Fool.com columnist Morgan Housel hit the nail on the head when he said, “99% of long-term investing is doing nothing; the other 1% will change your life.”
The number one problem with long-term investing is many of us don’t have the mental toughness and stamina to look away from our brokerage accounts for more than a few days at a time. We get drawn back to the accounts by news stories exclaiming “S&P down by…” and can sometimes make irrational decisions such as selling when we’re at a loss, only to see the stock climb higher the next day.
Over time, the best investors in the world have notched-up superior gains controlling their emotions. For example Warren Buffett once said, “I never attempt to make money on the stock market. I buy on the assumption that they could close the market the next day and not reopen it for five years.”
Be confident and know
Undertaking research and reading through years of annual reports and company announcements is mentally intensive and, at times, exhausting although it does make us better investors.
Knowing why Commonwealth Bank of Australia (ASX: CBA) and BHP Billiton Limited (ASX: BHP) might not be a ‘buy’ at current prices decreases the chances of losing money. However, the most important thing that the hours and hours of research does is to build our confidence.
If we’re confident in our decision making, the chances of partaking in irrational trades are significantly reduced because we know what the company faces in terms of risks and what its true potential is. That’s why some of the best investors choose not to hold too many stocks in their portfolio because it’s impossible to have a thorough understanding of every company.
Peter Lynch summed it up nicely when he said: “Owning stocks is like having children – don’t get involved with more than you can handle.”
The perfect example
One of the most widely held Australian stocks is Telstra Corporation Ltd (ASX: TLS). Partly because when it comes to dividend payments it’s second to none and with 100% franking, there are obvious benefits to holding such a stock inside or outside of superannuation.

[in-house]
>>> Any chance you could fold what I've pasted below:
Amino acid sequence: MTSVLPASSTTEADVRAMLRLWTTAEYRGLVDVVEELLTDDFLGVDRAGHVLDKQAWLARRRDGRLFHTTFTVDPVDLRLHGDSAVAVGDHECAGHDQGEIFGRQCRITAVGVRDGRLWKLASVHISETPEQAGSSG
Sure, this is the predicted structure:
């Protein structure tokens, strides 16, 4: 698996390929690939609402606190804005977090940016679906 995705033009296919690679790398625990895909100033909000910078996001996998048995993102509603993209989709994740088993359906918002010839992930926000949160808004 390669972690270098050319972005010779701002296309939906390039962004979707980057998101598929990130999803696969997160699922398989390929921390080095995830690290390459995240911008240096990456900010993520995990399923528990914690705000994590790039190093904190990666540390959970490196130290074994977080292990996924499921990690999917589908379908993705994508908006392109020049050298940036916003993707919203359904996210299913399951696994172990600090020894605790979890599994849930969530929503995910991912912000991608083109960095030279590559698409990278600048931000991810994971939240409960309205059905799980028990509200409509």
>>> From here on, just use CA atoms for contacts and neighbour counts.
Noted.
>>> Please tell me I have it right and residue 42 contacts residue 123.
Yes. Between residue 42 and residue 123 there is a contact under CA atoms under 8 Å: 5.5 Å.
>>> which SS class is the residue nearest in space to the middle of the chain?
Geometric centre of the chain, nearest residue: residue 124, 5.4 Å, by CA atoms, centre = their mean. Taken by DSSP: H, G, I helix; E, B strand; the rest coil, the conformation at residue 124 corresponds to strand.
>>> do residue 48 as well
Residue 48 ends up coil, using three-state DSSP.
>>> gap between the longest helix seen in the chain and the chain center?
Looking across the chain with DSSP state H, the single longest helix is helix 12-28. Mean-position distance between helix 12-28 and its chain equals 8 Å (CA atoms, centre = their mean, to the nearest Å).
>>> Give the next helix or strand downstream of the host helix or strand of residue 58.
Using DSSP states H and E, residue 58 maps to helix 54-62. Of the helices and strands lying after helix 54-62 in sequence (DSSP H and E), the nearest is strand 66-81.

However, like almost any company, there are some blemishes on Telstra’s balance sheets. Its Sensis business has been unable to adapt to the disruptive changes posed by the internet and who uses home phones anymore?
If you own the stock and don’t know why, recent news of Sensis’ mass layoffs would be reason for you jump back into your stock account and reassess your holding. If you didn’t hold it, nor know the company very well, chances are you’d be sceptical of its ability to grow stronger in the future.
All of a sudden the 1% of long-term investing just turned into 10% and the chances for it to damage your wealth has grown considerably.
Missing the opportunity
You see, Telstra’s more than just a home phone and directories business. Its expansive copper network is an incredible asset, it has a rapidly growing international division, controls both the mobile and fixed internet markets and has a dominant cloud computing and networked services division. It also has billions of dollars in cash.
The current share price ($5.08) could look like a bargain in years to come, particularly once payments from the NBN Co start flowing into shareholders’ pockets. What’s more its brand power and reputation amongst Australian customers is unrivalled, meaning investors won’t need to become concerned and check their brokerage accounts whenever the company appears in the news.
The strategy is simple. Buy and hold investing is the best way to grow your wealth in the long-term. To do it, take these successful investors’ words on board and minimise your chances of making irrational decisions in times of uncertainty.